As The History of My Body's Fleur Robins would put it, he experienced many incarnations in his lifetime. Before leaving his native land, he would live through a terrifying Easter pogrom, perform Shakespeare plays with his family in Yiddish (actually, as the youngest kid, he was the prompter), and witness the Reds riding into his starving village on horseback bearing baskets of bread and fruit, prompting his oldest brother Jack to ride off with them. When he arrived in America he was suffering from rickets. He'd barely begun junior high in Minnesota before he had to quit school to help support his family as a plumber. Within no time, he became a YCL organizer, stood on soapboxes and ran from cops' billy clubs in a successful drive to organize steel workers, and had his heart broken by revelations of Stalin's monstrosity. He never lost his zeal for socialism, though, and retained his advocacy of the underdog until the end. Generosity was a given in my father's house, bed and board provided without question to the hungry, the lost, and the out of luck.

My dad suffered more loss than anyone should. He lost his native land, his parents at a young age, his young first wife and the baby girl she was carrying to pneumonia, two of his older siblings to Hitler, a brother and a sister-in-law to a drunk driver, a friend's nephew whom he was kindly putting up in his home to a heroin overdose.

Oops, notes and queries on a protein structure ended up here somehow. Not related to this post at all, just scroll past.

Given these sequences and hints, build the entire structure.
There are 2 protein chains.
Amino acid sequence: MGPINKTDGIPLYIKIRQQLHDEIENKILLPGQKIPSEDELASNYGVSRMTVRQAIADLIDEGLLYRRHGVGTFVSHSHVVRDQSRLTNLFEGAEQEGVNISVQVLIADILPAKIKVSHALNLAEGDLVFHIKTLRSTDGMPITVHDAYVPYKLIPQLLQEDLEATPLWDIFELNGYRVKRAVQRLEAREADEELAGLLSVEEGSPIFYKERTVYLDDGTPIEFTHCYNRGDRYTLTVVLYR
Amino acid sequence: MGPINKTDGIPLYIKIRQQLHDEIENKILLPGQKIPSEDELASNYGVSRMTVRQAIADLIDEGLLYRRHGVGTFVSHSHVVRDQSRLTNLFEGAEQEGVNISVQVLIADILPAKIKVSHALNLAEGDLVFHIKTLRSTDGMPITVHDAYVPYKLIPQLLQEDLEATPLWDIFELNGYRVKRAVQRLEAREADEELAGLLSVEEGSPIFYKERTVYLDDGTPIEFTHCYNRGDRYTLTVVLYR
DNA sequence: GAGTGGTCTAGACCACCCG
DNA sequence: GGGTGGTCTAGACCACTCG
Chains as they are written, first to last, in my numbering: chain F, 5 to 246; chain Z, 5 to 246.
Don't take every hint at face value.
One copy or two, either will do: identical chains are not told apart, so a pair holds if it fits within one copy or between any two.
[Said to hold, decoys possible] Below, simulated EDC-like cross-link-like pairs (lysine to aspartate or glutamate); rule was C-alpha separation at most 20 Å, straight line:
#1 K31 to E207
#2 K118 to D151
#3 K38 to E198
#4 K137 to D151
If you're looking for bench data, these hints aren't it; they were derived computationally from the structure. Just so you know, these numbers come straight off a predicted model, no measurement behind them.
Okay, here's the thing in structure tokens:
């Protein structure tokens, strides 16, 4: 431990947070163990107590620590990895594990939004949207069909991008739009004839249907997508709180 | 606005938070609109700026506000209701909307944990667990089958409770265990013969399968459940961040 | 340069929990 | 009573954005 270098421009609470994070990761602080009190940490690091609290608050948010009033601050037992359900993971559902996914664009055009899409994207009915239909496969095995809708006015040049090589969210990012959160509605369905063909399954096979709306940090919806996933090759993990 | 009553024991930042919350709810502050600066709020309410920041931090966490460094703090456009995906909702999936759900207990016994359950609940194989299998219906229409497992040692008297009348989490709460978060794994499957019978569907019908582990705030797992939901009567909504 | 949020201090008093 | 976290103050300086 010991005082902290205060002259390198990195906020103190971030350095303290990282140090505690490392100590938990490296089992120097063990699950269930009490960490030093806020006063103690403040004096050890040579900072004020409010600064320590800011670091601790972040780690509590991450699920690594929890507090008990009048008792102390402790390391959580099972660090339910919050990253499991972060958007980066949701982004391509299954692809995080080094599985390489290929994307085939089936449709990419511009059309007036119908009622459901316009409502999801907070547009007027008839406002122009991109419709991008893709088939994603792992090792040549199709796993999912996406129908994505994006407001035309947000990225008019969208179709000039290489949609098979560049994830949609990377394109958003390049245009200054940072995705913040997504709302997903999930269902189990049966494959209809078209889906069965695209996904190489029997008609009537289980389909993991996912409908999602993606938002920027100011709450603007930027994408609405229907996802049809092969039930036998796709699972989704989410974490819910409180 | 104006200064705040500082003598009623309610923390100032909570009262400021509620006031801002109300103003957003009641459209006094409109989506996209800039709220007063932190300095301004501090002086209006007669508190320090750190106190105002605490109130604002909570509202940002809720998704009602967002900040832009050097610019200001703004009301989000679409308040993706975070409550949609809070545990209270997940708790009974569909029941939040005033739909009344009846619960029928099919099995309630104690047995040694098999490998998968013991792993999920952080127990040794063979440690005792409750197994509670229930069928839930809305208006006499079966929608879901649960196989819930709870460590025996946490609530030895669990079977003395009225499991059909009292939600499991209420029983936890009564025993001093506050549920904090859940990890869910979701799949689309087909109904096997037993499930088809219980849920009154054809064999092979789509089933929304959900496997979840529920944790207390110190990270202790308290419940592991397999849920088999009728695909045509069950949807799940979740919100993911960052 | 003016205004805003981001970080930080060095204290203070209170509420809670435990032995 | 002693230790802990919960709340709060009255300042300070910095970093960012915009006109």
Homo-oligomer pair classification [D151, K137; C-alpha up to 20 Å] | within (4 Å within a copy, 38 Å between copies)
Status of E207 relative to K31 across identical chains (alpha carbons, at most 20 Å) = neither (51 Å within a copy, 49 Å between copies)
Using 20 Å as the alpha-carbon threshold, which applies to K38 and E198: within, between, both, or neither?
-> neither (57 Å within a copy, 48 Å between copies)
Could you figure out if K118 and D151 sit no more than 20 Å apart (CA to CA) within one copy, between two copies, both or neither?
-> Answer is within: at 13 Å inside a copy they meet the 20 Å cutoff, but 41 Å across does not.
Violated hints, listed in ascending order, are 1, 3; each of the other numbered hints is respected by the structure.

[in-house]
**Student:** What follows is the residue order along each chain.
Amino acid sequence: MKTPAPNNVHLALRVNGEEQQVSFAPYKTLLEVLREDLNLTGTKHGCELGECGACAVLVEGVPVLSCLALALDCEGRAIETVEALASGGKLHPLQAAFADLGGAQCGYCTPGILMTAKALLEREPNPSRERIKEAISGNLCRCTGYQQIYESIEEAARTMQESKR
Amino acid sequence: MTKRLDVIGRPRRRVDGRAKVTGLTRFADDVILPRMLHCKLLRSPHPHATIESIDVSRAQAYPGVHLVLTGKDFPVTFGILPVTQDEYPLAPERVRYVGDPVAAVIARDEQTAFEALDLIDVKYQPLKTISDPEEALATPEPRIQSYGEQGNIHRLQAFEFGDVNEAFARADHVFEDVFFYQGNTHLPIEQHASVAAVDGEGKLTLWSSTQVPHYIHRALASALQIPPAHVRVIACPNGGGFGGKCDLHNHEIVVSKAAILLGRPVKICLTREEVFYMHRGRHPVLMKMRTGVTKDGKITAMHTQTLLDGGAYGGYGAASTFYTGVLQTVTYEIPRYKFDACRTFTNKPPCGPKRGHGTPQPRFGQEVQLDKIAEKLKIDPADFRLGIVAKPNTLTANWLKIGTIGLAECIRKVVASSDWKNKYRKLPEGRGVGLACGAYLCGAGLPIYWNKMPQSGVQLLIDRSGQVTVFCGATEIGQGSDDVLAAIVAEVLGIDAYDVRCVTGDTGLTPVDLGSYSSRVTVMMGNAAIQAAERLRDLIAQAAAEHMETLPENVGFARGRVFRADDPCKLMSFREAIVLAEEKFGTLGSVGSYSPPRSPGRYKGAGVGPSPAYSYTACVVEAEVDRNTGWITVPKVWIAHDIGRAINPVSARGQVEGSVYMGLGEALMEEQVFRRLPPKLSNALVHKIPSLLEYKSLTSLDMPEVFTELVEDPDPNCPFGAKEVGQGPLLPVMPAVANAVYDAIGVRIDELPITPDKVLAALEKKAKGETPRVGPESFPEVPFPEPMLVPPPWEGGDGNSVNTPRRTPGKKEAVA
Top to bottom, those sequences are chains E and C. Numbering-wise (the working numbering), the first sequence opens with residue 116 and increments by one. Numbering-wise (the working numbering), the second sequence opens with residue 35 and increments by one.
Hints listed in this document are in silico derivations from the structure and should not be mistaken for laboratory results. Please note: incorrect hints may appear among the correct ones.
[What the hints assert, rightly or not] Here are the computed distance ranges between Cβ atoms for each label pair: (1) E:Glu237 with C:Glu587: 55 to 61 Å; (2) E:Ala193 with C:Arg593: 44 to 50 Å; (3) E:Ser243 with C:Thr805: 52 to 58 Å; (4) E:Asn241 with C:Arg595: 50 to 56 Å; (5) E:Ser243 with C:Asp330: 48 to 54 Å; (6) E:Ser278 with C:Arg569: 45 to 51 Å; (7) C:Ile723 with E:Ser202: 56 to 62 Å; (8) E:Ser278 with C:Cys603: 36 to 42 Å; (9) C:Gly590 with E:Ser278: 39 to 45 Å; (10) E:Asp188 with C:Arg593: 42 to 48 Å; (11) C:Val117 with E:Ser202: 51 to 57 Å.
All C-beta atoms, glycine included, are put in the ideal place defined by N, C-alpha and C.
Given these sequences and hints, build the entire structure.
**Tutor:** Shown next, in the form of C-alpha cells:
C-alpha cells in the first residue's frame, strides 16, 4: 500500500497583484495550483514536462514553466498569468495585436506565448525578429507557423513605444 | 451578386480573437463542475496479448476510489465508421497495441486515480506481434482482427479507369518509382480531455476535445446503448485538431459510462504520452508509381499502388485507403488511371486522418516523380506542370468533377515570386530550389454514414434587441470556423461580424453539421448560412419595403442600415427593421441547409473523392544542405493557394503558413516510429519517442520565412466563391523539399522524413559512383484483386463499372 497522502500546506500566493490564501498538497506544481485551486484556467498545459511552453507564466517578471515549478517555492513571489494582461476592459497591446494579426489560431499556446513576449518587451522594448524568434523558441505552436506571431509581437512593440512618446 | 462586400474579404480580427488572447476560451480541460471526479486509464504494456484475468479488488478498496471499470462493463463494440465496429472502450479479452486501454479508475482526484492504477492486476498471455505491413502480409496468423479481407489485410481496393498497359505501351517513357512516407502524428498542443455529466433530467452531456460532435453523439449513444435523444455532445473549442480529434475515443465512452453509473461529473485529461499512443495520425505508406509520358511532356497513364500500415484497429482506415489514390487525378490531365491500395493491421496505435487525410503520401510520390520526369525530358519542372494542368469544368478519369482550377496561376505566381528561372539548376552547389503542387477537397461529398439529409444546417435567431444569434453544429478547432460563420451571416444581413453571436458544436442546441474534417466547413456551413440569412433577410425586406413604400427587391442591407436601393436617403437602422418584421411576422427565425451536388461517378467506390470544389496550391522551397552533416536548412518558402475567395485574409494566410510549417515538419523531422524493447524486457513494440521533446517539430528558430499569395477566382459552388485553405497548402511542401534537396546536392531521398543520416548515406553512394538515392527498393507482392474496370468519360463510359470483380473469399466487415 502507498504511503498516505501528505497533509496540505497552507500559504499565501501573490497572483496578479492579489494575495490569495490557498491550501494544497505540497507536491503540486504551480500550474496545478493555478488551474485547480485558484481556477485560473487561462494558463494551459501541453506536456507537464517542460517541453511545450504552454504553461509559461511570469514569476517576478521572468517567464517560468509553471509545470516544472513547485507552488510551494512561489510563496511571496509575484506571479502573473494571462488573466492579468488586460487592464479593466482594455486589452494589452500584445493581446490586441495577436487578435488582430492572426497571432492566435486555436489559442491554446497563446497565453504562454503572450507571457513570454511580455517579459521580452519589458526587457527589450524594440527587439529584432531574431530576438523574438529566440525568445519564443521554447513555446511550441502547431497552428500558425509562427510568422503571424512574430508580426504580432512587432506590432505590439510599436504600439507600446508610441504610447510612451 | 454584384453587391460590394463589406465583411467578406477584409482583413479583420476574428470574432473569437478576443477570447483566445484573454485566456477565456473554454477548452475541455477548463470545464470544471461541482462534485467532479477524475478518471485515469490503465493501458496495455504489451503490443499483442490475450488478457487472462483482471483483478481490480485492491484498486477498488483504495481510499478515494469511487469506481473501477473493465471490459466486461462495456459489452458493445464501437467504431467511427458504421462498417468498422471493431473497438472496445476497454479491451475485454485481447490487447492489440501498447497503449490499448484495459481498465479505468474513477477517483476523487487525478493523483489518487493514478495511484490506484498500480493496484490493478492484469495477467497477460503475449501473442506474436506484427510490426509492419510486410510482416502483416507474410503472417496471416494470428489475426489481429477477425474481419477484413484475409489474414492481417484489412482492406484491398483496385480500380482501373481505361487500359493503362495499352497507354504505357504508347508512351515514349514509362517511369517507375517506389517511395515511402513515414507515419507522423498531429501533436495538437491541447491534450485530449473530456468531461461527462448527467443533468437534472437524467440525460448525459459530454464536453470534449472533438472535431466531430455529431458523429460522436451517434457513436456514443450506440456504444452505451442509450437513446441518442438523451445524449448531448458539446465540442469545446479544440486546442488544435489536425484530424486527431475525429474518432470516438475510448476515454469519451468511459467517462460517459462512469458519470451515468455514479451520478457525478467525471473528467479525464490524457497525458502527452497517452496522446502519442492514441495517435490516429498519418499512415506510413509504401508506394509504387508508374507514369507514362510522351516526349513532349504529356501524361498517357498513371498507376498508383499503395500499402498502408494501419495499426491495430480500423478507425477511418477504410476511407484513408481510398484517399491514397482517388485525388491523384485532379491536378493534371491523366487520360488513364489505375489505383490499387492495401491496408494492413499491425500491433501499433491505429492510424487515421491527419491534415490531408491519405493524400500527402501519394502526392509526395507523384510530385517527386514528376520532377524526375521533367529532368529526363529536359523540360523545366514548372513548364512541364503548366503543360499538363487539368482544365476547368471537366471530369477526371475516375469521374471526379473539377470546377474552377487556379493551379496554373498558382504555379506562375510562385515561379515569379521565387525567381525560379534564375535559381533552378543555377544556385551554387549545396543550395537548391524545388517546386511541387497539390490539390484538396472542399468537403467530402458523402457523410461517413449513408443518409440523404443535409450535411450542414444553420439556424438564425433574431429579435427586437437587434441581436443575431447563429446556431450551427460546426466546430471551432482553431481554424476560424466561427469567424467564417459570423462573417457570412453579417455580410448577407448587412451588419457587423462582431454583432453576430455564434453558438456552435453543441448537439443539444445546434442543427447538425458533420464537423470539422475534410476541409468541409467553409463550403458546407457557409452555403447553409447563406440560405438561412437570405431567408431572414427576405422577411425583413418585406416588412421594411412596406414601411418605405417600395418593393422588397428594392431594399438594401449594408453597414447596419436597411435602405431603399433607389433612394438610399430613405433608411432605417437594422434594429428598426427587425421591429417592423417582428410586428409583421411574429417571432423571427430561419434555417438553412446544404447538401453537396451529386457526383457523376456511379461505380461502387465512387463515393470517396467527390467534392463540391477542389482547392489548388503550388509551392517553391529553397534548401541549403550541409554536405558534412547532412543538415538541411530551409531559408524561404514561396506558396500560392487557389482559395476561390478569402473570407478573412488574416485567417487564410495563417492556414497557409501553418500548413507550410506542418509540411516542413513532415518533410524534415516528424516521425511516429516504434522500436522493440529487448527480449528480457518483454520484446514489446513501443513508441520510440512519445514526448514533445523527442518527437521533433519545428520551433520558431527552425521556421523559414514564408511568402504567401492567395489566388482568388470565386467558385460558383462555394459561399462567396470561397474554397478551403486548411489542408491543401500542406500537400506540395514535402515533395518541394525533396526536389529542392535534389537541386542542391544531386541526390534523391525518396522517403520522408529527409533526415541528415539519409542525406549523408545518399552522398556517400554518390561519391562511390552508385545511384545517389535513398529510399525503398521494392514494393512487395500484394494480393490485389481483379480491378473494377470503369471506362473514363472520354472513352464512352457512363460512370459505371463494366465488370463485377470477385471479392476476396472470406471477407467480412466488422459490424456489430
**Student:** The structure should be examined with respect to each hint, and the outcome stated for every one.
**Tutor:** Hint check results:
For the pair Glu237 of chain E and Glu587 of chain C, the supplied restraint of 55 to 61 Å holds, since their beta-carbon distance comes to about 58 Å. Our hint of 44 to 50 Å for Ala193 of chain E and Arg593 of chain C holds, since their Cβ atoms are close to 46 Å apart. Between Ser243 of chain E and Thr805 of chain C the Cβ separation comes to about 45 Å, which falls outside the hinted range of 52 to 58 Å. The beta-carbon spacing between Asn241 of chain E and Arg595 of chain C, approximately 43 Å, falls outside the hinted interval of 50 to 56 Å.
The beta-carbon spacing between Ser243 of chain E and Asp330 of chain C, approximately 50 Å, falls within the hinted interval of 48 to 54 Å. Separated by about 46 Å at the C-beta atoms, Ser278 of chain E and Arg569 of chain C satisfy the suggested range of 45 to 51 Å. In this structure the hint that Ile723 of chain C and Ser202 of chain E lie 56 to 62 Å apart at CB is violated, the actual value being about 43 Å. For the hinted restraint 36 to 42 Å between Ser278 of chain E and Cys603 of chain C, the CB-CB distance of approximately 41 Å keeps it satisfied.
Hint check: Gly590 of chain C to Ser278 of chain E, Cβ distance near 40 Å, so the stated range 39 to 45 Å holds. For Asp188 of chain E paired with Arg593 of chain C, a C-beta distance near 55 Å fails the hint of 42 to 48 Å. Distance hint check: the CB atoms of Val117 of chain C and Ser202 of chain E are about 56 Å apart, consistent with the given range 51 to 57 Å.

A rakishly handsome man who in his younger days resembled Frank Sinatra, my dad was a working-class intellectual who read Engels and Ibsen, Tolstoy and Poe, Sholem Aleichem and Langston Hughes. He had an exquisite singing voice, revered science, took guitar lessons, played chess with Bobby Fischer and played the horses at Hollywood Park, passionately shouted his way through thousands of dinner table political "discussions," adored his grandchildren beyond measure, and left behind a body of secret poetry more spiritual and psychological than this daughter would have imagined. He imprinted my soul with a legacy of tenderness and fire, the profound valuing of family and friendship, and hearty laughter and love as the best medicines in the world.